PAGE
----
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In Over Your Head · FiM Minific ·
Organised by RogerDodger
Word limit 400–750
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Cotton’s Tale
Gather close now I want to tell you a story about a stallion named Cotton Picker. Now, Cotton wasn’t the kind of pony you usually hear about in stories. He never slayed a dragon, nor saved a town or had some great destiny calling him onwards. He was a farmer's son, the fourth of five squealing foals and came into the world with no great calamity or fuss. A little bundle of laughter and joy that lit up the homestead.

He didn’t have a long childhood, not many farmponies do. Every parent tries to keep their kids’ lives innocent as long as they can, but after a few summers little Cotton found himself working alongside with his siblings. Cotton never complained. That’s just the way of it for a small farm. Money was tight, the days were short and there was too much work to fool around. Perhaps this story would have had another end if little Cotton had been born a tradespony, or with storm weathered wings, but nopony gets to chose their birth.

The seasons never stopped changing around Cotton. Soon that foal toiling in the fields became a young stallion. He worked hard on the farm with his brothers and sister and even got a cutie-mark for pulling plows. His parents were never more proud. ‘Nopony can go wrong in life with a furrow ahead of him,’ his father said. ‘This one’s knows where his future is going.’

Perhaps he was right

Cotton didn’t get much schooling after that, he learned his letters but his family never saw the need for any more, given he was a plow pony. Besides the family couldn’t afford letting him go more than a few years. If I’m being fair he never wanted more than that. He was a stallion of his family, even at that young age, and every day at school was a day not pulling his weight. Still, he never regretted the time in the old schoolhouse. That was where he was introduced to Sweat Pea, the love of his life.

I’m sure there were couples more in love than Cotton and Sweat Pea. Ponies that wrote love letters in the sky or penned epic poems that brought grown stallions to tears. It was their love, though, and that made it special to them. I remember he’d carve flowers into every little piece of wood so that even when she was doing housework she’d never lose sight of her passion. His Ma thought it cute and pushed them to get married as soon as possible. Well of course she did, she was the one who’d matched them in the first place.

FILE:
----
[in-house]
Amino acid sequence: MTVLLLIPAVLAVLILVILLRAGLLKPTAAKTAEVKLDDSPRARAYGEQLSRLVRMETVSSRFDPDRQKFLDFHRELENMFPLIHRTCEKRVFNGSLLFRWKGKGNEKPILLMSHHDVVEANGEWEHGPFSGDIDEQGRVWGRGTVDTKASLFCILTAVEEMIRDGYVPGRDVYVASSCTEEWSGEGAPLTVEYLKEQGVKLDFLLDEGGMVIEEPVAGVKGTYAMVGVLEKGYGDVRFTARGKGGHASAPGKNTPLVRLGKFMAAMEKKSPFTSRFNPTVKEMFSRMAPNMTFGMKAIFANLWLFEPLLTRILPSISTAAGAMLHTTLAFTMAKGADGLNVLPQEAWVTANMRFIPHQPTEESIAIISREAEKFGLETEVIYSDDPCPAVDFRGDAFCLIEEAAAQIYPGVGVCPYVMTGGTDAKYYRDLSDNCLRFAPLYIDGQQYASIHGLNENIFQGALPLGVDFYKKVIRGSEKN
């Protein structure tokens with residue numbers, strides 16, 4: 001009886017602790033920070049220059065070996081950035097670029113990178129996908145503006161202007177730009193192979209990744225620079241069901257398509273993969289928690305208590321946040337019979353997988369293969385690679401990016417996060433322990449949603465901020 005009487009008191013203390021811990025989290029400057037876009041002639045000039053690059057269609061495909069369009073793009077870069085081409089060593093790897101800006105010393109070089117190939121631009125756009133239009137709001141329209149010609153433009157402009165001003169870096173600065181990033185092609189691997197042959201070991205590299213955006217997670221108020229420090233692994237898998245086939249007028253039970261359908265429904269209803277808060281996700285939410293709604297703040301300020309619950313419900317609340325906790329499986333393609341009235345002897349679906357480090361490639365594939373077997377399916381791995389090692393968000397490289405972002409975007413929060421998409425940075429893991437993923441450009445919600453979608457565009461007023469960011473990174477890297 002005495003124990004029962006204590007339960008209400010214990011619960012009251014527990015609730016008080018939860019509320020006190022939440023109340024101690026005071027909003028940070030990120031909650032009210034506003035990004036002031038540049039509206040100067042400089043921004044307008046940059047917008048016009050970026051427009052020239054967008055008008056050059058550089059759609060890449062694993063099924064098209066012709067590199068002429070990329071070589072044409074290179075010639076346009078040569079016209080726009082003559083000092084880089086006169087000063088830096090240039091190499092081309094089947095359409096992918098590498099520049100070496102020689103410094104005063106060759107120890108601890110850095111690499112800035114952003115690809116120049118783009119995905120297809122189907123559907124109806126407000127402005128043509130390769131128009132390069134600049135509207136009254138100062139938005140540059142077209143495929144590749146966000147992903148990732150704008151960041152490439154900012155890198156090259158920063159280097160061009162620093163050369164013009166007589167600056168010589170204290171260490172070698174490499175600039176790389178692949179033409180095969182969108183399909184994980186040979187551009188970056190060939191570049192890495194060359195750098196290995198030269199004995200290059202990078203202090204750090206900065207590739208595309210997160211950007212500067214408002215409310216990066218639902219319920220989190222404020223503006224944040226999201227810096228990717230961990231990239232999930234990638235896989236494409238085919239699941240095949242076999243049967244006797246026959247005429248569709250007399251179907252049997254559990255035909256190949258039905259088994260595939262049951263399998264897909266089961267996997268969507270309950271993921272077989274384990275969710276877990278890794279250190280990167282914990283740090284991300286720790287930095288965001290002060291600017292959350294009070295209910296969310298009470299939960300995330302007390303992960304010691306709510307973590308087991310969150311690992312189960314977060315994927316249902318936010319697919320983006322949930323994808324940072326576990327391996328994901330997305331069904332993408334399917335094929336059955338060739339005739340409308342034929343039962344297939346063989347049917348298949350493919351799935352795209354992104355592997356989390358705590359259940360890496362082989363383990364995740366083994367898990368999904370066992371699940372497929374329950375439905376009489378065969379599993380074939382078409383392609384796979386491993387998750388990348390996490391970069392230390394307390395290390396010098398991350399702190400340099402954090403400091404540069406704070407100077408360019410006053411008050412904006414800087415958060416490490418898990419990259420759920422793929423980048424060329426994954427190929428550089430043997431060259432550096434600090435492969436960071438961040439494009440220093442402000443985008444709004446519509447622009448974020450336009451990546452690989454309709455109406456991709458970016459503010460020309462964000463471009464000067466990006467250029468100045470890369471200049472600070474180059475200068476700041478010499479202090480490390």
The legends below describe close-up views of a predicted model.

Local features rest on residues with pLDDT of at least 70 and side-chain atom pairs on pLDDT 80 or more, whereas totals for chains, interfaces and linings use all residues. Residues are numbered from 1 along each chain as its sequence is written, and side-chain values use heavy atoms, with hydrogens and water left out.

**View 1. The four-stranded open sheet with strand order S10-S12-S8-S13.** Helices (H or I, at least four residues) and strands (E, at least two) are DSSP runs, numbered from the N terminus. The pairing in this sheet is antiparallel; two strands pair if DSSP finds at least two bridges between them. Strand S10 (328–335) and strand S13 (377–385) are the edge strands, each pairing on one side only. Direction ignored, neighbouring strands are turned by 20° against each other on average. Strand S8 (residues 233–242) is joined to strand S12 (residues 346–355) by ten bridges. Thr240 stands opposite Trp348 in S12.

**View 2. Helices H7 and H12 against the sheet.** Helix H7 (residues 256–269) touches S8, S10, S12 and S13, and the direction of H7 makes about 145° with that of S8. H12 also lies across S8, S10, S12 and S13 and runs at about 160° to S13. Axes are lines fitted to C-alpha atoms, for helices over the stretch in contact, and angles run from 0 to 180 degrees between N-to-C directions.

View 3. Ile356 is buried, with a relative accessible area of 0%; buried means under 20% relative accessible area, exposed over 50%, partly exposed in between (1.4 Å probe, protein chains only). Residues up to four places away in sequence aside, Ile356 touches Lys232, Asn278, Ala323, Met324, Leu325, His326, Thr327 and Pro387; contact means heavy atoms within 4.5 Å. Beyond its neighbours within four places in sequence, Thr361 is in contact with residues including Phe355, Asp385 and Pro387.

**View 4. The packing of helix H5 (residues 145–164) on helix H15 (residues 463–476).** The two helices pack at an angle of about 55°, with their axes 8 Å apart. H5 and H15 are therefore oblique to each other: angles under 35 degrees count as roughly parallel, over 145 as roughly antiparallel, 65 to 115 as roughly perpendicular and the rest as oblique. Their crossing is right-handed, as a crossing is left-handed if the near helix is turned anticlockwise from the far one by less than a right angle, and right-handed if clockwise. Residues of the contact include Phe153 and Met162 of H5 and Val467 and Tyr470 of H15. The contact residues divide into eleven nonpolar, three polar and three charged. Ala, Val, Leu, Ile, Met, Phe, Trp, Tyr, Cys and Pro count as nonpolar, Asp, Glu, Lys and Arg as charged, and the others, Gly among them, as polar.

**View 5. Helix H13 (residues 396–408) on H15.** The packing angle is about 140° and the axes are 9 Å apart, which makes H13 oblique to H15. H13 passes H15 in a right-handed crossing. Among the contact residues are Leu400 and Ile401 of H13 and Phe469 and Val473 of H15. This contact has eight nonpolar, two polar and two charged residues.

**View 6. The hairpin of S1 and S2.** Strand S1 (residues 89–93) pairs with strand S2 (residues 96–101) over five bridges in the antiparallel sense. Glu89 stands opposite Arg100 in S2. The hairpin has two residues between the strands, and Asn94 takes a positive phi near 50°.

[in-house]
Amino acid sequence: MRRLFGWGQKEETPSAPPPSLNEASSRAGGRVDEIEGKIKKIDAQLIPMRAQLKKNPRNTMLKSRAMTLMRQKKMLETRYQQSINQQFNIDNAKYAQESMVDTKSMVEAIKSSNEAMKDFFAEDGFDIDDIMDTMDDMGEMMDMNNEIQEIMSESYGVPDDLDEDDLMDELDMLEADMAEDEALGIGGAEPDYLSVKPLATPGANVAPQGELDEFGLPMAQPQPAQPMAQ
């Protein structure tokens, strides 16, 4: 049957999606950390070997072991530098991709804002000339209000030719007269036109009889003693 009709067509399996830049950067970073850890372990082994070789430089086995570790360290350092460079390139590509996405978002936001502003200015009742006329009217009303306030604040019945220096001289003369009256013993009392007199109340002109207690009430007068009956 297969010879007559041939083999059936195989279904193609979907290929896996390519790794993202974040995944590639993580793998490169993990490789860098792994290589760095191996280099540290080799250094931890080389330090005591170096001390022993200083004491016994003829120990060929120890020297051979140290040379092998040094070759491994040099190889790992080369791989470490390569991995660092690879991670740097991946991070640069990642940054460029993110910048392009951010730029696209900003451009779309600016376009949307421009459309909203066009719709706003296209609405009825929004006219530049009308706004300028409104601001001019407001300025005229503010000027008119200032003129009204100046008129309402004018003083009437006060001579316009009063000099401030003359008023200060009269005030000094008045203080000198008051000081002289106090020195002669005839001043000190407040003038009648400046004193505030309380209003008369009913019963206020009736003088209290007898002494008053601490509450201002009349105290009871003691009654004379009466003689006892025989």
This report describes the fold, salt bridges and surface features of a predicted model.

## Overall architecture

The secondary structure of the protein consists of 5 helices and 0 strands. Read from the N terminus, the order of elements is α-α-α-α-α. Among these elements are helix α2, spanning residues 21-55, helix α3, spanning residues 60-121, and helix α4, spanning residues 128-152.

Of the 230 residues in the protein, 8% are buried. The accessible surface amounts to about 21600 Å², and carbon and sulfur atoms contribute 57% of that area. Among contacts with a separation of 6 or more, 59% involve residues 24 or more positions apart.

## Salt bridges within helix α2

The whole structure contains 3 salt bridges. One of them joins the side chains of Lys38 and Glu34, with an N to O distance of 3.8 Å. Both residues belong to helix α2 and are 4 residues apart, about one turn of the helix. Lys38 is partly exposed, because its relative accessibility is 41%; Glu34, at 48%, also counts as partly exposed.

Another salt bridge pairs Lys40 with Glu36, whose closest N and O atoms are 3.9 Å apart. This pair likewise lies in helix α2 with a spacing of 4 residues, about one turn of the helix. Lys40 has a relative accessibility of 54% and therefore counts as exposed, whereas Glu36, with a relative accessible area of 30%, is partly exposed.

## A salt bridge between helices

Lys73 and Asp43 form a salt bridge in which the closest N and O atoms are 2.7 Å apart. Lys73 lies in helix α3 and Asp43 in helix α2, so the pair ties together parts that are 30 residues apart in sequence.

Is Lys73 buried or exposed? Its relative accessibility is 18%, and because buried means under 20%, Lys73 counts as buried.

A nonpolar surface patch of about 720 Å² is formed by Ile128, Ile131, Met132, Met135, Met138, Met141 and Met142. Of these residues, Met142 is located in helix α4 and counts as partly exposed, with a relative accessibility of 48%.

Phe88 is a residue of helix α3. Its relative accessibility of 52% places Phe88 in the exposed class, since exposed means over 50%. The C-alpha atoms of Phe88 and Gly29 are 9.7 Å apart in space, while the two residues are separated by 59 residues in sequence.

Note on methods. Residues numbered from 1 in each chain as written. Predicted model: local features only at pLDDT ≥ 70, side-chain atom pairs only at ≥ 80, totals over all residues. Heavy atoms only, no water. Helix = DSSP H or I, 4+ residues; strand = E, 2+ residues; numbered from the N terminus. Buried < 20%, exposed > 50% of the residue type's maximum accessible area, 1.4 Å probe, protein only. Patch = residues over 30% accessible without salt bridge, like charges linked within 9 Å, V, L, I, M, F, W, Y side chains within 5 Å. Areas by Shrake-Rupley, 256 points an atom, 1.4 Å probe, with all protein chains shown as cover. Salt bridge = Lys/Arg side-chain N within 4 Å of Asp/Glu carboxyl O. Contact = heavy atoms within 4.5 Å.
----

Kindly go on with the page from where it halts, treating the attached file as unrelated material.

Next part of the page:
There comes a time in everypony’s life when they have to leave the nest. That’s just the way of it, no farm can support more than a generation without collapsing under the weight of hungry mouths. Cotton didn’t get much help leaving, there wasn’t much to spare. So, he took his meagre savings and went to the bank to get himself a loan on a nice plot of land. Perhaps looking back you could say his eyes were bigger than his stomach, but he had to do something, Sweet Pea was expecting.

The Picker family farm was a little patch of dirt up in the mountains, old logging territory. It was hard, back-breaking work to build a farm up there but Cotton went at it like he always did. Some days he got up two hours before dawn and didn’t go to bed till long after Celestia set the moon. Some days he didn’t get to sleep at all. Didn’t get to see his little filly. The stallion worked, and worked, and worked until his hooves bleed. All to get that patch of dirt running before the stallion from the bank came for his money.

It didn’t take.

Funny, how often ponies think farming is the simplest thing in the world. Not like the weather. Not like magic. It ain’t. Old Cotton’s corn never grew. Something to do with the soil I guess.

Pretty soon the bank came calling. Cotton went down to the town to beg but they didn’t listen. So Cotton double checked his life insurance, walked over to the railroad tracks and waited.

Ponies tell me it was the wrong choice.

But you’ve heard my Pappy’s tale. It was never his choice to end his story on the front of that train.

At what point did Cotton Picker ever get to make a choice?
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#1 · 2
· · >>Mordred